Growth is gone. Good times are not.
The 4.7 percent decline in April U.S. auto sales brought some clarity. It’s time to let go of the notion of an eighth consecutive year of growth. Instead, automakers and dealers can focus on better executing an orderly retreat.
It shouldn’t be a surprise. Since the first 2017 forecasts back last autumn, almost everybody predicted a modest-to-significant decline from the record pace of 2016 and 2017. And April was the fourth straight monthly decline.
But the first three were tantalizingly minor, allowing some hope of an uptick later in the year. Maybe, just maybe, there might be enough to eke out another record, another year in the sun. You know, just like last December’s surge pushed 2016 past 2015.
But April let the air out of that faint hope. Monthly volume fell more than 70,000 units short of last April. Now a third of the way through the year, the industry is down by 132,820 cars and light trucks.
So forget new records. But embrace good times. As IHS Markit’s Tom Libby pointed out Tuesday, we’re still on pace for 17 million-plus for a third straight time, “a string of high-volume years unlike any we have seen before.” The only other 17 million-plus years were 2000, 2001, 2015 and 2016.
Of course, nobody ever wants the merry-go-round to stop. Perhaps this time more so. We remember the last downturn was a doozy, a freefall from 2007’s 16.2 million units to 10.4 million in 2009.
Will this one be as scary? Almost certainly not. Automakers are, in general, applying the lessons so painfully learned in the Great Recession, such as cutting production as demand sags.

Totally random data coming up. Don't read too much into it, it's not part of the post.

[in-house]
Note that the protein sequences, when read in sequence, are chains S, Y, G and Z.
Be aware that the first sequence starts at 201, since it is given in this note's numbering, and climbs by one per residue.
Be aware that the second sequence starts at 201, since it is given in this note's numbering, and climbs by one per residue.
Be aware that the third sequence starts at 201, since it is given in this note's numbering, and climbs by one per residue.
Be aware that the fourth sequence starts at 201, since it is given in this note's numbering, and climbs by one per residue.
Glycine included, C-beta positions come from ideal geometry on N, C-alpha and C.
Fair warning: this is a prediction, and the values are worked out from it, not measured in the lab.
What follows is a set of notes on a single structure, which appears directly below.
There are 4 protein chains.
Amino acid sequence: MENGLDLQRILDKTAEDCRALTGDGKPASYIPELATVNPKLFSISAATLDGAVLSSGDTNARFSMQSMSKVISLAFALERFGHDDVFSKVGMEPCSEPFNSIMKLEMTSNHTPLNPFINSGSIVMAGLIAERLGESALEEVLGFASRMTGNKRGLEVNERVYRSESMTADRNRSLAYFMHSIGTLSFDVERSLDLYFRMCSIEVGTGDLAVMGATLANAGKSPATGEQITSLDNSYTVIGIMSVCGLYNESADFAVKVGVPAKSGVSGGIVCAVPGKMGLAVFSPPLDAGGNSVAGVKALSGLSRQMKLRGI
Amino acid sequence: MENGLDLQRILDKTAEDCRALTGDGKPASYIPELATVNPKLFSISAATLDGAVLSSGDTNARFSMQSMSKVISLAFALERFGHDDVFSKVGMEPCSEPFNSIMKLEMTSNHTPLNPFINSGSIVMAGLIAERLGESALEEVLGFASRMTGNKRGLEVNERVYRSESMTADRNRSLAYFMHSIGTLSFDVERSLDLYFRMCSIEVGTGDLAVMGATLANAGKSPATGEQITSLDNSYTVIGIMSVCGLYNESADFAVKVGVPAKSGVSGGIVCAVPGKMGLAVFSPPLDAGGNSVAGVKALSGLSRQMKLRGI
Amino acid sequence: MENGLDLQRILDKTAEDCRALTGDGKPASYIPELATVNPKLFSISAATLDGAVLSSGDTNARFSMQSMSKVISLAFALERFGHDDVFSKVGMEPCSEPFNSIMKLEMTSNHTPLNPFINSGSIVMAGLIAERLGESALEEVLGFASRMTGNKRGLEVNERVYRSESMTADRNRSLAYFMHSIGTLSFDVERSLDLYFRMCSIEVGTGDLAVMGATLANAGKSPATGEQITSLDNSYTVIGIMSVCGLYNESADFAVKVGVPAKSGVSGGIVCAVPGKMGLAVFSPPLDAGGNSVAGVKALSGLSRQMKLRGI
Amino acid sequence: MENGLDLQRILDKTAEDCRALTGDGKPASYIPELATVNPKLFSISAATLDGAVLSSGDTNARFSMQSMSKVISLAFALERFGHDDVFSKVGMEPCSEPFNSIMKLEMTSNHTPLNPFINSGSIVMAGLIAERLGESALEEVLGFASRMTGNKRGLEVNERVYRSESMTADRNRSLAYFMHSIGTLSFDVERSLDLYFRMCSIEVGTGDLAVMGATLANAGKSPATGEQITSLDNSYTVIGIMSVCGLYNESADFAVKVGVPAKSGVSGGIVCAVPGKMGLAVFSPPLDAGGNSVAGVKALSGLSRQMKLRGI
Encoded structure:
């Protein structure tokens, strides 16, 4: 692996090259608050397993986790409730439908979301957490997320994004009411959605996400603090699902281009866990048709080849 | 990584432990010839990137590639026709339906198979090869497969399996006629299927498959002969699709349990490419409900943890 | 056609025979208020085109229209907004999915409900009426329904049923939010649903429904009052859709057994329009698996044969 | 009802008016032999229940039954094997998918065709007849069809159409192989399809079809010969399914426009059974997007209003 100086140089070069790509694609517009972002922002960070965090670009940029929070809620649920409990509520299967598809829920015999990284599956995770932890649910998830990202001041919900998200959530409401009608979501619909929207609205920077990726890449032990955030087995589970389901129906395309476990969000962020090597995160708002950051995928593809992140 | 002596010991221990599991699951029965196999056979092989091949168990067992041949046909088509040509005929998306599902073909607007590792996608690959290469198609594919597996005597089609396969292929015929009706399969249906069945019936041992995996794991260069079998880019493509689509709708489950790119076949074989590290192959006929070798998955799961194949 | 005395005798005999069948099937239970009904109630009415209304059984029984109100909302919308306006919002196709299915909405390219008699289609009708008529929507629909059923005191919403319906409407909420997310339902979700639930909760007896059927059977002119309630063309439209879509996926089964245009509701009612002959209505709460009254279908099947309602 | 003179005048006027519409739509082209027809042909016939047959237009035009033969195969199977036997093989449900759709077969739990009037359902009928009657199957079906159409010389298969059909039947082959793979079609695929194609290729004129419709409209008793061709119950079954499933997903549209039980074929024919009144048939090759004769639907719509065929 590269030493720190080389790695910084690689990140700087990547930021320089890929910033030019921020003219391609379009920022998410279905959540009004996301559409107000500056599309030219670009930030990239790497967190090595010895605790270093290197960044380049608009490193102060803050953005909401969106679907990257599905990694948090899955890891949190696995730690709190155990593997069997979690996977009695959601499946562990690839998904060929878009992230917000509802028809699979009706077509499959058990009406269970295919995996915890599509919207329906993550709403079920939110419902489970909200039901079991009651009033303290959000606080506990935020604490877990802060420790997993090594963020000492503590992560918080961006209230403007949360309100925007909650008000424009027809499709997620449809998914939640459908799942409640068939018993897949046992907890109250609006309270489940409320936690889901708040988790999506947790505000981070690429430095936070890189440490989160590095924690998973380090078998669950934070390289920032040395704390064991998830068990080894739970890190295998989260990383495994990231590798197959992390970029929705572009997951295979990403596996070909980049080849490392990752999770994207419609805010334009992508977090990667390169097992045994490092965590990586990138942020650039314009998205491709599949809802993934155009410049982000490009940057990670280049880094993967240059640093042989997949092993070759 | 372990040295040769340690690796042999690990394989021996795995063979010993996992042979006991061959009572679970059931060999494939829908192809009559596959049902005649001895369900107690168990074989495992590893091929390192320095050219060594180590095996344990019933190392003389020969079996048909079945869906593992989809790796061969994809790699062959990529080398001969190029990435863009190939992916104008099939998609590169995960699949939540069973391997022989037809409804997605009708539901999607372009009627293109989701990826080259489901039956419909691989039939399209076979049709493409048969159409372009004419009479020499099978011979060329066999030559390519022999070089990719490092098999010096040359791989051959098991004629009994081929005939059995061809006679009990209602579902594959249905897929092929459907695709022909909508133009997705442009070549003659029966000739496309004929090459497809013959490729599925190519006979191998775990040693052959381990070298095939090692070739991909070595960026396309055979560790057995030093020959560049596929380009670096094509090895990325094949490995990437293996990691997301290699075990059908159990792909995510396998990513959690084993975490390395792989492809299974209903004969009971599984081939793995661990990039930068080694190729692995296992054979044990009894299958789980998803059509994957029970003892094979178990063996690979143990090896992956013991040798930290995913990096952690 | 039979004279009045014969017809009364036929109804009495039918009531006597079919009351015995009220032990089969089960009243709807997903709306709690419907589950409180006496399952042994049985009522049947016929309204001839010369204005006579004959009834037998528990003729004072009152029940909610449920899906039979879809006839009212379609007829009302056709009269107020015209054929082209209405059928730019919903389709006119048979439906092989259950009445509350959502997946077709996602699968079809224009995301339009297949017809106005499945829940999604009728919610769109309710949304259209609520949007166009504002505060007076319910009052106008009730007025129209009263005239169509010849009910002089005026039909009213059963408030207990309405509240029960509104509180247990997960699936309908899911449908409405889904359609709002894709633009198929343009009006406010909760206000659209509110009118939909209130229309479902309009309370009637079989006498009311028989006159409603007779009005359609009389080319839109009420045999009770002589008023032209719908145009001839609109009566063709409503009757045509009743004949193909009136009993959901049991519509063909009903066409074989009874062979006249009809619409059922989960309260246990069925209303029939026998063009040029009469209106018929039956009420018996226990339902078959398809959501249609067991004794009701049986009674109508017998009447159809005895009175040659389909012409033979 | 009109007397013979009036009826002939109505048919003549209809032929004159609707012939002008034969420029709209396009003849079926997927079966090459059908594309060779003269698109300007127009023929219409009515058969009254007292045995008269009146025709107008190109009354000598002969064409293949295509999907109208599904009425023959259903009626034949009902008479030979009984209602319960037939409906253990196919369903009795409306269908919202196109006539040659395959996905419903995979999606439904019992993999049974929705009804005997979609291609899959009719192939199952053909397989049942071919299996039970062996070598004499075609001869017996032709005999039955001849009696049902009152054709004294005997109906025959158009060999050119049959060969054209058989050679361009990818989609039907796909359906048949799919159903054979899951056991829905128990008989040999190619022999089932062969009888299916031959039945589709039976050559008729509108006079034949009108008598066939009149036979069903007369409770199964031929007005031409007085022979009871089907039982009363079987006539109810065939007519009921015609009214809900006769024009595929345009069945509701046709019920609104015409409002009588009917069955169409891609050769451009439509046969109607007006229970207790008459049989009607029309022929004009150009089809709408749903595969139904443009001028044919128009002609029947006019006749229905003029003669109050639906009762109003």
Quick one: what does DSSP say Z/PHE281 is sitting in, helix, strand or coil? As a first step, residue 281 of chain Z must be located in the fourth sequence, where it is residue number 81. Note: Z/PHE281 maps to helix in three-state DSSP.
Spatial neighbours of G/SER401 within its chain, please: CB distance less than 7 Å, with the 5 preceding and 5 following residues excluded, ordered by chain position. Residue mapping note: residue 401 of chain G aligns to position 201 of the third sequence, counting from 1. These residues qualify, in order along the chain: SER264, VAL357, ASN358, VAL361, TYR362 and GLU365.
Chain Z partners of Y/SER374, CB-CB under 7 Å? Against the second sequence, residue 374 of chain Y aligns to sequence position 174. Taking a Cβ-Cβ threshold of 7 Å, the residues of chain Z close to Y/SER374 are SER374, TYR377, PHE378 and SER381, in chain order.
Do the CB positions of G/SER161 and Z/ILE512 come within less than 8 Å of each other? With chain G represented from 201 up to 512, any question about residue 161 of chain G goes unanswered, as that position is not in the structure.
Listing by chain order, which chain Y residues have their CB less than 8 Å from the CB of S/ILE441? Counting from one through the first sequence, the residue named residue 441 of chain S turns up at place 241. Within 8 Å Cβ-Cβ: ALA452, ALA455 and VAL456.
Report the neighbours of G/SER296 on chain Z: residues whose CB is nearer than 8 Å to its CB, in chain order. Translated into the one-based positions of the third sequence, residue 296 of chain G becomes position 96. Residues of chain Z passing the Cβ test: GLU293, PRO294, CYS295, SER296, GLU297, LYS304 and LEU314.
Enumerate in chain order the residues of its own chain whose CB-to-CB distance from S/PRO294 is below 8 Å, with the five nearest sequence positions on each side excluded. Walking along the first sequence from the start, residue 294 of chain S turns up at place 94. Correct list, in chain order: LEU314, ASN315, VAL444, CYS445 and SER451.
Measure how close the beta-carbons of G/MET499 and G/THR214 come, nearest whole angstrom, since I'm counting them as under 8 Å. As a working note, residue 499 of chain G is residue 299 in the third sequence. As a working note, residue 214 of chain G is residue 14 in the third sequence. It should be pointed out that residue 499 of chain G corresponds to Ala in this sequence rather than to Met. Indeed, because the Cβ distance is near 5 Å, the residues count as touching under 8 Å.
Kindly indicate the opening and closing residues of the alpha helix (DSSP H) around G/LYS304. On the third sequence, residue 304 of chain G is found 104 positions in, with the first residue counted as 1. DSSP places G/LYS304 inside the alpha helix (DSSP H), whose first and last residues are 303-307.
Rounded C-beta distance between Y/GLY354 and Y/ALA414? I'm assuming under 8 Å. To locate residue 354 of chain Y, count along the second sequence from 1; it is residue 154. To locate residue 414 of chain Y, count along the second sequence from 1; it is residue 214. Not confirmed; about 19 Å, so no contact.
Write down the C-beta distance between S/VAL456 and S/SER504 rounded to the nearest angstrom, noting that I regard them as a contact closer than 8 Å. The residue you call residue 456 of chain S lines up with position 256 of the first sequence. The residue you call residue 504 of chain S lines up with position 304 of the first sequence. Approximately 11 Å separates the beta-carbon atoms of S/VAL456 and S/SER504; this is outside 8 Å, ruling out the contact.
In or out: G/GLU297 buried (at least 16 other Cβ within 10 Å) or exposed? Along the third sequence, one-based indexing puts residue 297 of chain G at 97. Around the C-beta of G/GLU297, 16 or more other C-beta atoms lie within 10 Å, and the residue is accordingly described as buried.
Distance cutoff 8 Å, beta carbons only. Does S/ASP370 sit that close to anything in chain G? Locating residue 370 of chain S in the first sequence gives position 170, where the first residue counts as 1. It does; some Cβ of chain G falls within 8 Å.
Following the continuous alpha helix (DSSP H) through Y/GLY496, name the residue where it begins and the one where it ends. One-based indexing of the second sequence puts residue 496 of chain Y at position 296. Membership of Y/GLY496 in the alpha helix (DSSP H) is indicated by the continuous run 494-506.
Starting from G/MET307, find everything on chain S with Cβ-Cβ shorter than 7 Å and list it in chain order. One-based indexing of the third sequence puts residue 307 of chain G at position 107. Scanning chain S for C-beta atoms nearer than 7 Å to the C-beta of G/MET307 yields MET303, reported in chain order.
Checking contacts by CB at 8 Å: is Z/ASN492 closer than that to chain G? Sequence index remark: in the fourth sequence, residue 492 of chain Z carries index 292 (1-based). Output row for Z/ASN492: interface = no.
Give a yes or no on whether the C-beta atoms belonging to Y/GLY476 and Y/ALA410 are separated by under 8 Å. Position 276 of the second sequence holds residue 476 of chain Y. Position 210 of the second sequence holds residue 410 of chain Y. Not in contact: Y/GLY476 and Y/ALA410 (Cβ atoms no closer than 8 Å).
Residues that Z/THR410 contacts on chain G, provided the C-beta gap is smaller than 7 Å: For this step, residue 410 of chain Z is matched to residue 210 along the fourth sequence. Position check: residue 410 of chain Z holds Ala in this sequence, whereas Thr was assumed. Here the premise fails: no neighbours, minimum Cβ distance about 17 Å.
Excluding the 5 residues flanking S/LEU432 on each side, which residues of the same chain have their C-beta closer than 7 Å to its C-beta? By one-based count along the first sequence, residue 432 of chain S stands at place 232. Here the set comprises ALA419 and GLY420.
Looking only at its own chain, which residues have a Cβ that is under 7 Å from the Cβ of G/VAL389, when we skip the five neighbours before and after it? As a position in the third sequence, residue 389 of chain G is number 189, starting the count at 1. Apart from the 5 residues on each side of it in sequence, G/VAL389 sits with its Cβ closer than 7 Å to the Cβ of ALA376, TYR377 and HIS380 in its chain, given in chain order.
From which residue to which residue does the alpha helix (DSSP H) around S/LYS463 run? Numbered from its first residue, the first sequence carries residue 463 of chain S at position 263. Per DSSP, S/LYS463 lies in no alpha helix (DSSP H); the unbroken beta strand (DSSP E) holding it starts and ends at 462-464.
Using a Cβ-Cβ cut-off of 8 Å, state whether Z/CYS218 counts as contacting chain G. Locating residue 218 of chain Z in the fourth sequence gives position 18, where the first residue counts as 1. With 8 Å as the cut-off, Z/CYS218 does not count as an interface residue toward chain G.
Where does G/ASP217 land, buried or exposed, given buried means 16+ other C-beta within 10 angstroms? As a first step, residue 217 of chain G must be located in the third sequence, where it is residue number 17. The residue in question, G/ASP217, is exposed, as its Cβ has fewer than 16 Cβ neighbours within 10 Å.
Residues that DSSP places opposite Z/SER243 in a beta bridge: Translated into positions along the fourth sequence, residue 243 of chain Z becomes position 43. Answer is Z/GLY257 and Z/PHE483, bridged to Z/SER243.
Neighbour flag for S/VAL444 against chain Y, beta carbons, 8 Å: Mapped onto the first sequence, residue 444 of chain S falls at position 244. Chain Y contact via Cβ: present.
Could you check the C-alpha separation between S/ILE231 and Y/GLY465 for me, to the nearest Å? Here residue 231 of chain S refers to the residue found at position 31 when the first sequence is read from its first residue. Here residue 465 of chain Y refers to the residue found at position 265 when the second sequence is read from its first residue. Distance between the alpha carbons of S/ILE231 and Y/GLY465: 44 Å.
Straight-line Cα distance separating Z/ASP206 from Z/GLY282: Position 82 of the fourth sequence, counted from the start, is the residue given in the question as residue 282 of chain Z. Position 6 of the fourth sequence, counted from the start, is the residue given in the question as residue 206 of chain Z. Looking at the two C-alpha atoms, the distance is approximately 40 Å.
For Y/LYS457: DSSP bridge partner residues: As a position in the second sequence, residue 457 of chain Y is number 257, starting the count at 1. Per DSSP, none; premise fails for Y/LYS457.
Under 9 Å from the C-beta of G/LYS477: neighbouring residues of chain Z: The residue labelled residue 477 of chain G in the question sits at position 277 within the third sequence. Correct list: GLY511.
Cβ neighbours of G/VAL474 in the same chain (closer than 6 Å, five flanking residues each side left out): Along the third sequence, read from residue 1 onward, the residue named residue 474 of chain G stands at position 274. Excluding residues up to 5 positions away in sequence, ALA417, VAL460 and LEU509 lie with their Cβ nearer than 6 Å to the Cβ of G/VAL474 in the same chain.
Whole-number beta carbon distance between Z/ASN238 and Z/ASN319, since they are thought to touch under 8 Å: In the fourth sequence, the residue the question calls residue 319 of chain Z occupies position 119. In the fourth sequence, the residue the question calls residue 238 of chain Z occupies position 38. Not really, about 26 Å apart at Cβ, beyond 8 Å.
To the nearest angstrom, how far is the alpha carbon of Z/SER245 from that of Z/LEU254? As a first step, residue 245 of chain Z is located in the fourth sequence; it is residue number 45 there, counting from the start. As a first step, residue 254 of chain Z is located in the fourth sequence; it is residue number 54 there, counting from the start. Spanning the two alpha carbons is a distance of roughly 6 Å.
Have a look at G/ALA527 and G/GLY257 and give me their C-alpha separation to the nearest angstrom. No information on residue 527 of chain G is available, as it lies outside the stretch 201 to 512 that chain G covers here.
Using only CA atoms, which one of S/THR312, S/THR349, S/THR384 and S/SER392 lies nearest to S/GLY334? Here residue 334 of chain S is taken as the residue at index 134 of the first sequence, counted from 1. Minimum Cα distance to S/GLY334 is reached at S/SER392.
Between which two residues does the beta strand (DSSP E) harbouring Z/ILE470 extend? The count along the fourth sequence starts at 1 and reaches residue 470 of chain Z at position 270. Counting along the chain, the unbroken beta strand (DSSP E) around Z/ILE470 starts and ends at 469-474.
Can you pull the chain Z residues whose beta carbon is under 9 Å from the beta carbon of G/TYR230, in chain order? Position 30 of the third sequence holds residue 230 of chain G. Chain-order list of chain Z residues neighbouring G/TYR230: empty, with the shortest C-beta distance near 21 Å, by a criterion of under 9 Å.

Ford Motor Co. and Fiat Chrysler Automobiles instituted production cuts last fall, and others have done so since then.
Incentives are unusually large and inventories a bit swollen, especially for cars. But so far nobody has broken ranks to blindly chase market share, notes Mark Wakefield, global co-head of the automotive practice at AlixPartners.
“They are using incentives and fleet sales as an opportunity to adjust their high inventories while they trim production,” he said Tuesday.
To use a military analogy, 2008-09 was a rout, when defenders broke and ran. So far, this has been a disciplined rear-guard action, with the main forces conducting an organized withdrawal while a smaller unit fights to delay the advancing opposition.
But let’s recognize that last year’s sales record was in a retreat in all but name. Fleet sales made the difference, with volume growth of 0.3 percent.
As Wakefield noted, “Retail sales actually peaked in 2015.”
Jesse Snyder is a senior correspondent for Automotive News.